soil. They are apt to spread very much ASTER, in botany, starwort. Class, Syn at the roots, so as to be troublesome, and genesia Polygamia Superflua. Gen. char. the seeds of some are blown about and cal. common, imbricate, the inner scales come up like weeds. The Italian starwort prominent a little at the end, lower ones has not been so much cultivated in England, spreading; cor. compound, radiate; corol- since the great variety of American species lules hermaphrodite, numerous in the disk; has been introduced, though it is by no females ligulate, more than 10 in the ray; means inferior to the best of them. It is proper of the hermaphrodite, funnel-shaped, propagated by parting the roots soon after with a five-cleft spreading border: of the the plant is out of flower. The roots should female ligulate, lanceolate, three-toothed, not be removed oftener than every third at length rolling back; stam, hermaphro- year. Catesby's starwort, not multiplying dite; filaments five; capillary very short; fast by its roots, may be propagated in anthers cylindric, tubulous; pist. germ ob- plenty by cuttings from the young shoots in long; style filiform, the length of the sta- May, which, if planted in light earth, and mens; stigma bifid, spreading; females, shaded from the sun, will flower the same germ and style the same; stigmas two, ob- year. When the annual starwort is once long revolute; per. none; calyx scarcely introduced, the seeds will scatter, and the changed; seeds solitary, oblong, ovate; plants come up without care. The China down capillary; rec. naked, flattish. The aster, being an annual plant, is propagated species from the Cape, together with those by seeds, which must be sown in the spring, not producing seeds in England, are propa on a warm border, or rather on a gentle gated by cuttings, any time during the sum- hot-bed, just to bring up the plants. mer. These should be planted in small ASTERIAS, in natural history, starfish, pots filled with light earth, and plunged into a genus of worms, of the order Mollusca. an old hot-bed, where, if they are shaded Body depressed, covered with a coriaceous from the sun, and gently watered, they will crust, muricate, with tentacula, and grooved put out roots in six weeks, when they may beneath; mouth central, five-rayed. There be placed in the open air; and in about a are more than 40 species, all indiabitants of month afterwards they should be separated, the sea, and are marked with a rough, white, each in a small pot, and filled with light stony spot above: they easily renew parts sandy earth. In October they must be re which have been lost by violence, and fix moved into the green house, and placed themselves to the bottom by swimming on where they may enjoy as much free air as the back and bending the rays. There are possible; but be secured from frosts or three divisions ; viz. A. lunate; B. stellate; damps ; so that they are much easier pre- and C. radiate. A. pulvillus is lubricous, served in a glass.case, where they will have with an entire simple margin, and is found more light and air than in a green-house ; in the North seas; body above convex, cobut they must not be placed in a stove, for vered with a smooth sanguineous skin, transartificial heat will soon destroy the plants. versely striate, beset towards the margin The North American species, which make with soft, obtuse, white spines about the at least three-fifths of the genus, together size of a millet seed, and divided into 10 arwith the Alpine and Italian asters, are ea cæ; the margin not articulate, but rough in sily propagated by parting the roots in au the angles, with about 10 acute papillæ ; tumn; they are most of them hardy, and beneath concave, smooth, whitish, with a will thrive in almost any soil and situation; rosy tinge, and hollowed by five grooves, for these reasons, and because they adorn each side covered with horizontal batons : the latter season with the abundance and it tinges warm water with a tawny colour. variety of their specious flowers, they are A. caput medusæ has five divided and subvaluable plants, especially among shrubs, divided rays; the disk and rays granulate; and in large ornamental plantations, pro- month depressed. This is a most curious perly mixed with golden rods, and other animal, and inhabits the northern seas : the perennial, autumnal, hardy plants. The five rays dividing into two smaller ones, sorts most cultivated, are the grandiflorus, and each of these dividing again into two linifolius, linarifolius, tenuifolius, ericoides, others; which mode of regular subdivision is dumosus, serotinus, alpinus, novæ angliæ, continued to a vast extent, gradually de. and puuiceus or altissimus. Some of the creasing in size, till at length the ramifica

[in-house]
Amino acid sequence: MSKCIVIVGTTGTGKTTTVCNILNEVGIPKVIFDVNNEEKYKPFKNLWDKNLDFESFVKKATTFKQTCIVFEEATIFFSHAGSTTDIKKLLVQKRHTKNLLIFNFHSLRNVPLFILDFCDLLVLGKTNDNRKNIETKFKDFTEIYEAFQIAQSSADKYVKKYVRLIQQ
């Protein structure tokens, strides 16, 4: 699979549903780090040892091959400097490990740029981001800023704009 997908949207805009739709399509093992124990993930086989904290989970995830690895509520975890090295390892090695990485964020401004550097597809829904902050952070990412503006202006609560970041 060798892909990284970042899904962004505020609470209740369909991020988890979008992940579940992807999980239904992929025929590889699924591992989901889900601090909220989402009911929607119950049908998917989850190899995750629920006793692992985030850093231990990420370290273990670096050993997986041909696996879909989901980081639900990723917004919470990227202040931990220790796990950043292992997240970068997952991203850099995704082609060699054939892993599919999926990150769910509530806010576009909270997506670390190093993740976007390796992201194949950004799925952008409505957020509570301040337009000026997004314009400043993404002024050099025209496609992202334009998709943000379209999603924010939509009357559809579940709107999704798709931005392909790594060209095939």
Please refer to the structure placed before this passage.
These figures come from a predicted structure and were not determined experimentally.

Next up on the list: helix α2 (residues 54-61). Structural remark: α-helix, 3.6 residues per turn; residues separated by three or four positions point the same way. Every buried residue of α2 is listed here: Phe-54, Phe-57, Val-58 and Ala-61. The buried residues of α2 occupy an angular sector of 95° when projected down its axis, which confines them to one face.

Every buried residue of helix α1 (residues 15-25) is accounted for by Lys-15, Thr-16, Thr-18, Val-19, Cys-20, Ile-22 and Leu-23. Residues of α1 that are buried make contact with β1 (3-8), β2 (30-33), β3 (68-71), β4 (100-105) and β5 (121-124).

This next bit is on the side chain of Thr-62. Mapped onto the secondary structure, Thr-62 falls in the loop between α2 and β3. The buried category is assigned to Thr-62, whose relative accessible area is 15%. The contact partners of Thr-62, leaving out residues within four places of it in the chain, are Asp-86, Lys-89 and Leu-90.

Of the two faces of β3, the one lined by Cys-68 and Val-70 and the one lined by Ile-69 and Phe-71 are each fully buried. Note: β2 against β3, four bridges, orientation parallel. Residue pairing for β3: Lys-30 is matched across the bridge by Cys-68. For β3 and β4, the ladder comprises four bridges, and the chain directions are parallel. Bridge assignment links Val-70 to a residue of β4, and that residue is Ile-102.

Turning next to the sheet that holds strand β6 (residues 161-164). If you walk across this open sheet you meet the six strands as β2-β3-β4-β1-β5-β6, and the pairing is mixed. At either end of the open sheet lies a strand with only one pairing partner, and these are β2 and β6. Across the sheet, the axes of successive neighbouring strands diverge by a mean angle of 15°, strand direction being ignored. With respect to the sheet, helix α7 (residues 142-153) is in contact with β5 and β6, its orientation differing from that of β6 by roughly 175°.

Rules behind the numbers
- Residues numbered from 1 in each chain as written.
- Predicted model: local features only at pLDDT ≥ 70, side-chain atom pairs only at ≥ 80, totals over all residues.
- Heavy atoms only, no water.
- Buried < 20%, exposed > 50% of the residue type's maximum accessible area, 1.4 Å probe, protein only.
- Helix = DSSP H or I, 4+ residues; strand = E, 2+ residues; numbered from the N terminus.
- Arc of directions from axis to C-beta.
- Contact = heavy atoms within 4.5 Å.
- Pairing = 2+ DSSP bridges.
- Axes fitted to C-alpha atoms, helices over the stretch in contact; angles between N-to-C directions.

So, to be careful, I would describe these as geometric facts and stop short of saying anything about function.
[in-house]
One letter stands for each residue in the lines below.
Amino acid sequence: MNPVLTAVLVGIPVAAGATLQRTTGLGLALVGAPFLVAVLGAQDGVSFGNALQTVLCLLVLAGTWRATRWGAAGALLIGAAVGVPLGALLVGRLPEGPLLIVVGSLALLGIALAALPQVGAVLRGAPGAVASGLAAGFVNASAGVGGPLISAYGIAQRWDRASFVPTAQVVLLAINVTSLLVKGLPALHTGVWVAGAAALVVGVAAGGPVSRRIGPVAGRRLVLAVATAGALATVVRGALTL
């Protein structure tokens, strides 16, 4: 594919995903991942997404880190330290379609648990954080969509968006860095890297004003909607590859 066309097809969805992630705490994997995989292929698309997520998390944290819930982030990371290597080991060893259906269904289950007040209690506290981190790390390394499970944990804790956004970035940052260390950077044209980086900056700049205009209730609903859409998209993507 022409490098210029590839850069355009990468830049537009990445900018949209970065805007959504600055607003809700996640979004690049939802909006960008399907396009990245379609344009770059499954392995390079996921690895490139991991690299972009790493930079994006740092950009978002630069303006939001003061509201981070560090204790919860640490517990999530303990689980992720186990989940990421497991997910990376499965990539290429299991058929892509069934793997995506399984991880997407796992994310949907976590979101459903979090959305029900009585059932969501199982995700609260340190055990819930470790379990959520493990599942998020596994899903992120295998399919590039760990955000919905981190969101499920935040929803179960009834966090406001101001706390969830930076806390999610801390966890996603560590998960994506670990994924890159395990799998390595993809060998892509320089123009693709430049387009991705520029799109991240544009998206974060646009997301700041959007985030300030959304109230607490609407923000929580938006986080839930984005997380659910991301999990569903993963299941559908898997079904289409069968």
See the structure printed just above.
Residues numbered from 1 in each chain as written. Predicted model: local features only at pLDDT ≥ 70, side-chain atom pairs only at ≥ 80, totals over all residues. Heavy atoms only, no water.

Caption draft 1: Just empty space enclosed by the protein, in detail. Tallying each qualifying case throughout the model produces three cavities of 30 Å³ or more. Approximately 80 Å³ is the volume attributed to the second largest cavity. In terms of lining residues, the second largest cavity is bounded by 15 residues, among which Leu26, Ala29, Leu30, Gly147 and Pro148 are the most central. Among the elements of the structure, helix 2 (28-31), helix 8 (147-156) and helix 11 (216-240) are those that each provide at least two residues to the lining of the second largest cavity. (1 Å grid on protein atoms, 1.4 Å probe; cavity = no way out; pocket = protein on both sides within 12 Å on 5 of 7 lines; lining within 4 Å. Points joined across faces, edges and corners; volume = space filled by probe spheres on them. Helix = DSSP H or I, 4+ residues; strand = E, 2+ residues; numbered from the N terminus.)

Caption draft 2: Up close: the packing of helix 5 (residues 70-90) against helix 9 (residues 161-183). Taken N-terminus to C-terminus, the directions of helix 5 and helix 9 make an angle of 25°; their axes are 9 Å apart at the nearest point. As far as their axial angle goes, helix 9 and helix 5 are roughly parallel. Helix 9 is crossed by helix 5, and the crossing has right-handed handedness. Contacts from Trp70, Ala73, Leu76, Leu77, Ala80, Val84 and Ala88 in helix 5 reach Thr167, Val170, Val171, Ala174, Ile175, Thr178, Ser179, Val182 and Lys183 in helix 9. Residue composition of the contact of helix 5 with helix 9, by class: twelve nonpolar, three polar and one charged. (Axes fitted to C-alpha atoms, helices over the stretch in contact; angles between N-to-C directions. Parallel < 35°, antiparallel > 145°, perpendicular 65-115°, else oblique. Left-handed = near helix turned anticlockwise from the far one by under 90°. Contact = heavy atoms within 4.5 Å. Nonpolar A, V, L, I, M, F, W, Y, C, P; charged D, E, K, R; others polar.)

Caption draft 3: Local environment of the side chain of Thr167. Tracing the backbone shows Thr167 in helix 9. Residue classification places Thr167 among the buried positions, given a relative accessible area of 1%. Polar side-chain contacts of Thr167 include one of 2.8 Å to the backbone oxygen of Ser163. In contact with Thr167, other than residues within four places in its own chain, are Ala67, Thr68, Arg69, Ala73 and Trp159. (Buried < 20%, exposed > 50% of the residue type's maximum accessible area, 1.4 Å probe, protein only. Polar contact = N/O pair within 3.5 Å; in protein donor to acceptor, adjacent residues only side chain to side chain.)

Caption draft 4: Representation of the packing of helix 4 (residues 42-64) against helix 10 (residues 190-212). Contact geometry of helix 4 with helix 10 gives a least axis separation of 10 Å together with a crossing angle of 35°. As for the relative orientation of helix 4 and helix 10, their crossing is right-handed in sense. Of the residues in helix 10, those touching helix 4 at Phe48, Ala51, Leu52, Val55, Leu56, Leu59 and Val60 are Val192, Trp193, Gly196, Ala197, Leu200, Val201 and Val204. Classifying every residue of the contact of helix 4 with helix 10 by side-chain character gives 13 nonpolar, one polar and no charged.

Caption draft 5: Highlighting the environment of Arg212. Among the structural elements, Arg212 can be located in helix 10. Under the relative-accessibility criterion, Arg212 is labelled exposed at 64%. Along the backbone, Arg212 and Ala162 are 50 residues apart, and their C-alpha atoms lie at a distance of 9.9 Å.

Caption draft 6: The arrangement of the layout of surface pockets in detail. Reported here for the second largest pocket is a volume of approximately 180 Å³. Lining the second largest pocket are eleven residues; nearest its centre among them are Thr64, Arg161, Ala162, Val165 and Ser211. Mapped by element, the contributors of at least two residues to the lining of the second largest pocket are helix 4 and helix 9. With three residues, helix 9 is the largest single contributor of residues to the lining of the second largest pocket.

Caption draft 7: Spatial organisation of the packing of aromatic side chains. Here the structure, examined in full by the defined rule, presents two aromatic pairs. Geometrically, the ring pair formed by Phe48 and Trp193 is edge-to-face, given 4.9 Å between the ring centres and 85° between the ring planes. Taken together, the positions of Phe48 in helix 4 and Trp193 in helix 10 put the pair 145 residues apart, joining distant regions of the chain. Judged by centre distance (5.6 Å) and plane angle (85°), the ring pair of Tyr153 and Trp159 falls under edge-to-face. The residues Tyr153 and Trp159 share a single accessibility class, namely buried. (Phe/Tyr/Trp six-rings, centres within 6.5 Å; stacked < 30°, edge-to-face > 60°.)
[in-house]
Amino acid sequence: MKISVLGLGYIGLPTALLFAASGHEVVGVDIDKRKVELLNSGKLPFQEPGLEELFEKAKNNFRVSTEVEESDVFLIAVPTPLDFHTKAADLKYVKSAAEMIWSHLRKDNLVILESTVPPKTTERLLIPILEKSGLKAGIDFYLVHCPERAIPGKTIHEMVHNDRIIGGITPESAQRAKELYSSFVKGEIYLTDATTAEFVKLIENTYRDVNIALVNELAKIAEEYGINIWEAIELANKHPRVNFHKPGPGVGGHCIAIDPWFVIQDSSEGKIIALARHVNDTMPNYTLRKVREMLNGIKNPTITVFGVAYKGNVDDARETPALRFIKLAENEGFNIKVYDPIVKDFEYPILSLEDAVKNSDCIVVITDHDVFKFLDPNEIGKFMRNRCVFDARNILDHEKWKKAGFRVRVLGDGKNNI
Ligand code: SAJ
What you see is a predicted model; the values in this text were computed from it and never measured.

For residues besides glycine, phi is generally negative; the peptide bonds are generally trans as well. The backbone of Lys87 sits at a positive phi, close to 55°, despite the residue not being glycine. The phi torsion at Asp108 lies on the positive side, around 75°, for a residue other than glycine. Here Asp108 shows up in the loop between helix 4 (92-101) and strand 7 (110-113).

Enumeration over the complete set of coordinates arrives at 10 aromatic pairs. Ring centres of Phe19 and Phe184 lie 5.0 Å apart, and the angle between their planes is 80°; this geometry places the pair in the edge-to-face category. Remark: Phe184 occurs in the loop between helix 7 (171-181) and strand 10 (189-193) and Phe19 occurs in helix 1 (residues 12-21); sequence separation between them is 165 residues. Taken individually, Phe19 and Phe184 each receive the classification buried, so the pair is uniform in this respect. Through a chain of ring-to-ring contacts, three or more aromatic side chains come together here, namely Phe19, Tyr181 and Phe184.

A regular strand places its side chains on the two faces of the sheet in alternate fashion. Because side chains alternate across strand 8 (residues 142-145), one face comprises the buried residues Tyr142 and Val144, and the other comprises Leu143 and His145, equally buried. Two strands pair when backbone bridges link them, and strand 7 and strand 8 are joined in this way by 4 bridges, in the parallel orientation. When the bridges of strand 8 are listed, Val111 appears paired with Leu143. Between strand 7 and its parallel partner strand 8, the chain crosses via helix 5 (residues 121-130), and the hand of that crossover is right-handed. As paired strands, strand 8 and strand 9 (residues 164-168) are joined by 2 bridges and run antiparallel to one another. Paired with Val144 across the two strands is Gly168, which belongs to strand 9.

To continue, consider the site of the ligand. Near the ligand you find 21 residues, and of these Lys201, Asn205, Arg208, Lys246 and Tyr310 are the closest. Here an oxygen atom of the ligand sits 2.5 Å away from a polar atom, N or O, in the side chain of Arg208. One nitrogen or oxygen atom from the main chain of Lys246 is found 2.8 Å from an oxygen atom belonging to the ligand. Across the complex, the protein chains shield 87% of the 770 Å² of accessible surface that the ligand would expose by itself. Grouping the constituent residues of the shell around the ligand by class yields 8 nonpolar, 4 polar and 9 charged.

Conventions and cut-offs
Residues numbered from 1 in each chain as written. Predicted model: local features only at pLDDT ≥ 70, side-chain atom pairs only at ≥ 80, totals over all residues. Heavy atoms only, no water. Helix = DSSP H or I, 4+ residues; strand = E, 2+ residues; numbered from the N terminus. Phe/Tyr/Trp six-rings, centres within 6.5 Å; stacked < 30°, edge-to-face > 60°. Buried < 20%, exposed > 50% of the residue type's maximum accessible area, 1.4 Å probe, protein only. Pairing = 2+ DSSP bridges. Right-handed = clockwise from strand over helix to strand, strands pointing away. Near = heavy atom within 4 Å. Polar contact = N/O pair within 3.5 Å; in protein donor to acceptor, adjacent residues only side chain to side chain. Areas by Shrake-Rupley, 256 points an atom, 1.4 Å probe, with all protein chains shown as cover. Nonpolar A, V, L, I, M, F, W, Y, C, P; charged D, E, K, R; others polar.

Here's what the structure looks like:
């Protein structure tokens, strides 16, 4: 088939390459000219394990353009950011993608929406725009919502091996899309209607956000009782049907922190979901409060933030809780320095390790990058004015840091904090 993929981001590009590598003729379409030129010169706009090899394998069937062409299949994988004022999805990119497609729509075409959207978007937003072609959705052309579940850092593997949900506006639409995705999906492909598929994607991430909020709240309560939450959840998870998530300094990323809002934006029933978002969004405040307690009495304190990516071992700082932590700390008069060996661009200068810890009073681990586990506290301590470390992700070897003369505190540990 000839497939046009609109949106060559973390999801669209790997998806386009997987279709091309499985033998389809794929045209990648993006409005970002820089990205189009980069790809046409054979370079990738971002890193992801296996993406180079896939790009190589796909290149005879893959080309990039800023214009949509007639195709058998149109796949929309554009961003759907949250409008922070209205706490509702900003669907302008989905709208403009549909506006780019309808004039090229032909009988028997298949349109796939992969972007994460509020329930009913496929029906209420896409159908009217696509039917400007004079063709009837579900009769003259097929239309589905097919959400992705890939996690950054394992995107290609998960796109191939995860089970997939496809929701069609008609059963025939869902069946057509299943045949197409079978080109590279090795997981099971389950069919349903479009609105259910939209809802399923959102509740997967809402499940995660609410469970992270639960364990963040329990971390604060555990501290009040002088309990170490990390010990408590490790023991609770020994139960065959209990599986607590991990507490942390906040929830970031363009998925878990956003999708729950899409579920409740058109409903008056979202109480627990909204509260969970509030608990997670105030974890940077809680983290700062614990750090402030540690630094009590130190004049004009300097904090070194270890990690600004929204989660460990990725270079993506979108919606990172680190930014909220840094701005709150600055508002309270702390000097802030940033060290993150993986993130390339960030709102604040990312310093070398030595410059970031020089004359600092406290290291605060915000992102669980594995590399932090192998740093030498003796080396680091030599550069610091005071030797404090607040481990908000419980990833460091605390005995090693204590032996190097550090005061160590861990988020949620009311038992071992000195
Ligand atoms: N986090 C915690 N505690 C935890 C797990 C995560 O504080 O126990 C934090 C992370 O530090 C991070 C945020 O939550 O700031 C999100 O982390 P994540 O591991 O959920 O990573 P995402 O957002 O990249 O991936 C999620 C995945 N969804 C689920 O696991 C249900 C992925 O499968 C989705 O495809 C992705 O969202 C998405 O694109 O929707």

tions amount to many thousands, forming a other care, but to draw the plants out when beautiful net-work. Its colour is sometimes they come up too thick, leaving them at pale or reddishi white, sometimes brown. least eighteen inches asunder.